This problem is starkly illustrated by China’s ongoing difficulty in producing a high-quality indigenous jet engine.
The problem of technology mismatch, at its root, is that the thief lacks trade secrets and human capital associated with the manufacturing and assembly of a system. At the very least, this absence can make the replication of foreign systems a costly and time-consuming process, as the thief needs to develop manufacturing procedures from scratch. At worst, it can lead to seriously substandard components that reduce the capabilities and reliability of a system. Chinese efforts to reverse engineer certain Russian jet engines during the 1990s and 2000s invariably produced engines with extremely short lifespans, and without the power of their Russian counterparts . Even today, jet engines remain an obstacle for PLAAF fighter modernization, with its early 5th generation prototypes notably underpowered.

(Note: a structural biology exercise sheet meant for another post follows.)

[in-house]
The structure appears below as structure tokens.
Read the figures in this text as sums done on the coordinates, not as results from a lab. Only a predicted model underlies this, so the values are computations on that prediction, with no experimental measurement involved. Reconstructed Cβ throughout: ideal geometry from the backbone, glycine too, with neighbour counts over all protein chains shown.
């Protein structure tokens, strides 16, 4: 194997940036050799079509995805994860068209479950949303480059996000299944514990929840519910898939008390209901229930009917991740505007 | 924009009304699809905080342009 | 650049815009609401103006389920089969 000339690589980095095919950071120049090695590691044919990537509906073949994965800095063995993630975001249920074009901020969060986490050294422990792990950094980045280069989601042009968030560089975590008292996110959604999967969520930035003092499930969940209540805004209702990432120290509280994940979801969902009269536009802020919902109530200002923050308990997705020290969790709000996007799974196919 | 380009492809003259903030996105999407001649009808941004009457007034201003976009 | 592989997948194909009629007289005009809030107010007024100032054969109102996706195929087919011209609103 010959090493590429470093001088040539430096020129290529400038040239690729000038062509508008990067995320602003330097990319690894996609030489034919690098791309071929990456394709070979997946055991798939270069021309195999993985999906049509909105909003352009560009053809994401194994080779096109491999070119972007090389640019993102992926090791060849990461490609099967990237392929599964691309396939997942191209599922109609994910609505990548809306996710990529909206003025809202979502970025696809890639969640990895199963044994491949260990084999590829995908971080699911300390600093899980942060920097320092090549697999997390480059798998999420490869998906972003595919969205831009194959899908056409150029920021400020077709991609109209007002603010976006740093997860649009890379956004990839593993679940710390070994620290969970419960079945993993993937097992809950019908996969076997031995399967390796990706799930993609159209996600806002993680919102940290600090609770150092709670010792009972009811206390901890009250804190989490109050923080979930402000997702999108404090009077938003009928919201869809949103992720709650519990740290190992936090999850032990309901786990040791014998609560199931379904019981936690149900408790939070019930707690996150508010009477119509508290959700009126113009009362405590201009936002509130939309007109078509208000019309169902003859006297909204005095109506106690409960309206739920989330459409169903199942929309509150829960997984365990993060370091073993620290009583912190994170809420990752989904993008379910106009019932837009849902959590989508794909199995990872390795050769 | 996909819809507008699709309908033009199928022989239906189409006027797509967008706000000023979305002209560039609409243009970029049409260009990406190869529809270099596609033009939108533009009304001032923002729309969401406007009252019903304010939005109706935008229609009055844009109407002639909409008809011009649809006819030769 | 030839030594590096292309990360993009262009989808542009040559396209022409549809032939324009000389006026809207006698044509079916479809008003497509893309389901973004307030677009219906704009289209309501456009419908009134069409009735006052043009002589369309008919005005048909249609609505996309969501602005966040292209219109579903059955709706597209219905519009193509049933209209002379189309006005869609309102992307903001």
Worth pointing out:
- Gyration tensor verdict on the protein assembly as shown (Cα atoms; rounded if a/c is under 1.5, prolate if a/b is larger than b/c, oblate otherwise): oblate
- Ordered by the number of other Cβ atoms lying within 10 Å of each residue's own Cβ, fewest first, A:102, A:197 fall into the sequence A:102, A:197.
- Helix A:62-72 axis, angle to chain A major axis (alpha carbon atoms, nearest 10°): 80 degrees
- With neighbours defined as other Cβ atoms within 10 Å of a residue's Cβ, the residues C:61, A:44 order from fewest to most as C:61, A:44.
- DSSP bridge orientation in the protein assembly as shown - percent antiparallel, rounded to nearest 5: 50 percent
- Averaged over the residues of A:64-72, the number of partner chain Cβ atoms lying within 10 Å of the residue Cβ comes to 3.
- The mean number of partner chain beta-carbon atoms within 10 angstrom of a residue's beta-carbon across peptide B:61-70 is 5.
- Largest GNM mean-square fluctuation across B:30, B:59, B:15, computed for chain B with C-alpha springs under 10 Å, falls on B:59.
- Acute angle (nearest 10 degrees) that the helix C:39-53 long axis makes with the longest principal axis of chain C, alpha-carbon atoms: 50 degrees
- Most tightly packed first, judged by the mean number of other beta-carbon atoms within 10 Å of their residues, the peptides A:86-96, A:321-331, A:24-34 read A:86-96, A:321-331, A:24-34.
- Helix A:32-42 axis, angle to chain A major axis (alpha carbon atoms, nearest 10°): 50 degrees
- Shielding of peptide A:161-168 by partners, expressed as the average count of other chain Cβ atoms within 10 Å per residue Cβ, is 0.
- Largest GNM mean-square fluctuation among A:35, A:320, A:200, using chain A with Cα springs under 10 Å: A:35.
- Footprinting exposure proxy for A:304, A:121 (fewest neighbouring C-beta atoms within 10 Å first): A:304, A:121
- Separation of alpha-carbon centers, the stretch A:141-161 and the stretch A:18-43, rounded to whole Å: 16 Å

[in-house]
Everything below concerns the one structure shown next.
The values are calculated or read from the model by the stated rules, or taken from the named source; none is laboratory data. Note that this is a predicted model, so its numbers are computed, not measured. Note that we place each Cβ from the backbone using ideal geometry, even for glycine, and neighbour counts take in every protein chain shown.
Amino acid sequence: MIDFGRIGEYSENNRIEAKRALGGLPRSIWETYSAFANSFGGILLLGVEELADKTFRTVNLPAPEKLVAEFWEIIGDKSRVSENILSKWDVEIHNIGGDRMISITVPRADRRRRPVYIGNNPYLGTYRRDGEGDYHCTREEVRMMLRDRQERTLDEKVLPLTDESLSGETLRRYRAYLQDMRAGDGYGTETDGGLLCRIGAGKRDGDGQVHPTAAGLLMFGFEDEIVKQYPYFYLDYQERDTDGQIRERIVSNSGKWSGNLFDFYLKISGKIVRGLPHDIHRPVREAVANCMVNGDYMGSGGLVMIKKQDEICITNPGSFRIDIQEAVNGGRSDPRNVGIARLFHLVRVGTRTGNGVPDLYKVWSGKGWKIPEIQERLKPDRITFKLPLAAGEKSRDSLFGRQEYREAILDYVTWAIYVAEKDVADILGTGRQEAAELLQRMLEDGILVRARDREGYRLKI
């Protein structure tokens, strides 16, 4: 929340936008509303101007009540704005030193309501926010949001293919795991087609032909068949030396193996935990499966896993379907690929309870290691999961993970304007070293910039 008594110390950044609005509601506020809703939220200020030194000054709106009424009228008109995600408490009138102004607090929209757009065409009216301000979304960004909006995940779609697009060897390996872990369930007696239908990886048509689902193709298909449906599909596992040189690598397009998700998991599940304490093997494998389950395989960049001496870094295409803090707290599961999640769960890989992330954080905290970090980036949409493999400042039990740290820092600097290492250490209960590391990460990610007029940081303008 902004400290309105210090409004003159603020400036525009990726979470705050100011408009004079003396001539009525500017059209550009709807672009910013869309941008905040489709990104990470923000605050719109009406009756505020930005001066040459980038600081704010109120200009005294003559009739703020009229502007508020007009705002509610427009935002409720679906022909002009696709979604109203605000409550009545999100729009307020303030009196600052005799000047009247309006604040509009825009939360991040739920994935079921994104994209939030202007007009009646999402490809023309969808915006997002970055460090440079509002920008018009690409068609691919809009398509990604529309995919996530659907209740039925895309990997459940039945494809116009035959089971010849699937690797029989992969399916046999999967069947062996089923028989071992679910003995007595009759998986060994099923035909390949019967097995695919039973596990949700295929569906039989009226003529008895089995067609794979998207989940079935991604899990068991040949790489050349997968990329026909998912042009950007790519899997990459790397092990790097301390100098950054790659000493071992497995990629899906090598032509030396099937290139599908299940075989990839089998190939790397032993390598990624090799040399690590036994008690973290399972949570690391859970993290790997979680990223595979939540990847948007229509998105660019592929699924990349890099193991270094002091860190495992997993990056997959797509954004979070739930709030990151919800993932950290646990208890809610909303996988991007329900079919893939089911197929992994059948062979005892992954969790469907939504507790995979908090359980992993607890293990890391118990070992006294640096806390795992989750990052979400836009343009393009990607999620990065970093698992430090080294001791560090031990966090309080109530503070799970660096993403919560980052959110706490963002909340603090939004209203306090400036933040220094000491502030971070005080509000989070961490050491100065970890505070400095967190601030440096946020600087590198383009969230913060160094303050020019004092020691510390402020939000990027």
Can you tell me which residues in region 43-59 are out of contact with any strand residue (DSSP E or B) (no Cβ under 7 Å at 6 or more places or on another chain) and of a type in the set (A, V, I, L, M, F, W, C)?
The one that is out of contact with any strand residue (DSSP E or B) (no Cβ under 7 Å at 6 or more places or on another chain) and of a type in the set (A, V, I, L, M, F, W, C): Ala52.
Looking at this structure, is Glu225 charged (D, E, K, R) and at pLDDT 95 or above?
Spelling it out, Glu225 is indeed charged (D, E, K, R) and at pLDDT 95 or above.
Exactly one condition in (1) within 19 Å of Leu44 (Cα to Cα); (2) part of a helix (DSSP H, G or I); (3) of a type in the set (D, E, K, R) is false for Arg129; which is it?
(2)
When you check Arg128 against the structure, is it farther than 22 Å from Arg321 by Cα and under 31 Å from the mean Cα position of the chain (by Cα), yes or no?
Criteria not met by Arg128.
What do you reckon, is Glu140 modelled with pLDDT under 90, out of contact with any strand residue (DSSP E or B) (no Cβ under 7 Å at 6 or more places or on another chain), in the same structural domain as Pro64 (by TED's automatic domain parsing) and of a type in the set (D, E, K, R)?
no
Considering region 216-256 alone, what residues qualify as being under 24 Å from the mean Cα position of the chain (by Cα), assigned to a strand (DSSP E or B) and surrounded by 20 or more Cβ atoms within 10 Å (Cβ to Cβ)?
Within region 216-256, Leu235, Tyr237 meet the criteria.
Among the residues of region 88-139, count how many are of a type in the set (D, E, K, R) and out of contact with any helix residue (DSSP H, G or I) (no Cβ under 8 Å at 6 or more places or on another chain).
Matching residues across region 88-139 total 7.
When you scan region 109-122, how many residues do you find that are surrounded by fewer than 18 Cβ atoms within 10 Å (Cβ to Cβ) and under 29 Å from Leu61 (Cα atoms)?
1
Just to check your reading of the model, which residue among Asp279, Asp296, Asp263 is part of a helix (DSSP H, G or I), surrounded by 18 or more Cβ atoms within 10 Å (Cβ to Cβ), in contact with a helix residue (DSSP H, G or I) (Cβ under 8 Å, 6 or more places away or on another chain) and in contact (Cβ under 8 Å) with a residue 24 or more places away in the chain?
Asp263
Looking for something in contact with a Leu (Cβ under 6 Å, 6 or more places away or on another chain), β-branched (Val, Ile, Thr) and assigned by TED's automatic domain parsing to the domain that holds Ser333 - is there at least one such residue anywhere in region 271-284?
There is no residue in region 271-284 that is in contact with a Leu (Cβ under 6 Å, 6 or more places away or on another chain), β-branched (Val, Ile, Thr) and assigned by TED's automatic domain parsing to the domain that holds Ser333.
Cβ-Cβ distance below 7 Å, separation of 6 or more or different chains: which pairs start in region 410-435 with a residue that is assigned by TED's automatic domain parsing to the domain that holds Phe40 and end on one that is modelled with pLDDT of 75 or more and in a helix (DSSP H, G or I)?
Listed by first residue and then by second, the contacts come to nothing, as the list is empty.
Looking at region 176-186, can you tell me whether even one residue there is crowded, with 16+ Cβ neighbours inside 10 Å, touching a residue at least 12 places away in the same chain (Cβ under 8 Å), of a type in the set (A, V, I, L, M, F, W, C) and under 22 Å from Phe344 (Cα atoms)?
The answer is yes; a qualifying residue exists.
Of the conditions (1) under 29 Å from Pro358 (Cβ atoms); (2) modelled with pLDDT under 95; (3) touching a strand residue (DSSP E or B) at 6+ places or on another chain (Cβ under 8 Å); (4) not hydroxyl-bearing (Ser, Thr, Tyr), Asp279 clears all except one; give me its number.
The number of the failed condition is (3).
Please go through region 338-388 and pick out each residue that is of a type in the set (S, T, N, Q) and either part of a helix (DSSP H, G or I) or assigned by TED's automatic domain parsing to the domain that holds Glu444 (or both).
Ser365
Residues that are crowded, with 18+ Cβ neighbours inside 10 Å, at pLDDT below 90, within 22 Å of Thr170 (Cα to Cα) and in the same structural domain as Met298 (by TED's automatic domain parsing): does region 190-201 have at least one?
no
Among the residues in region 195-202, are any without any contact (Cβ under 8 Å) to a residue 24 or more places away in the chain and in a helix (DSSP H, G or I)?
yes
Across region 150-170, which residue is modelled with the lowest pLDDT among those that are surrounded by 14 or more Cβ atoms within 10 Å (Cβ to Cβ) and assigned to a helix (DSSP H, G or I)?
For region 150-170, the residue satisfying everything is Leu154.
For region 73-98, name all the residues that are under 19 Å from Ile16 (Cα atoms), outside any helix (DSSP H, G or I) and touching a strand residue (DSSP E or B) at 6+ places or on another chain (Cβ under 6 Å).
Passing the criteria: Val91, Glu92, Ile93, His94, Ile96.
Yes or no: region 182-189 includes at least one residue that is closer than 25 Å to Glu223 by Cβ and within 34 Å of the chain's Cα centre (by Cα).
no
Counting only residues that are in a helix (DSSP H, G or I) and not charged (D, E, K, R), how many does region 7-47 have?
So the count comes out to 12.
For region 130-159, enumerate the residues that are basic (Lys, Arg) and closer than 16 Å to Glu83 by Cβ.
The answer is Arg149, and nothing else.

Russian engines are less powerful and shorter-lived than their Western equivalents, and Chinese copies aren’t as good as Russian originals.
Example of trade secrets…during WWII, Packard-build Merlins used indium-plated bearings to improve performance. When the Germans analyzed captured examples, they assumed the plating was an inpurity.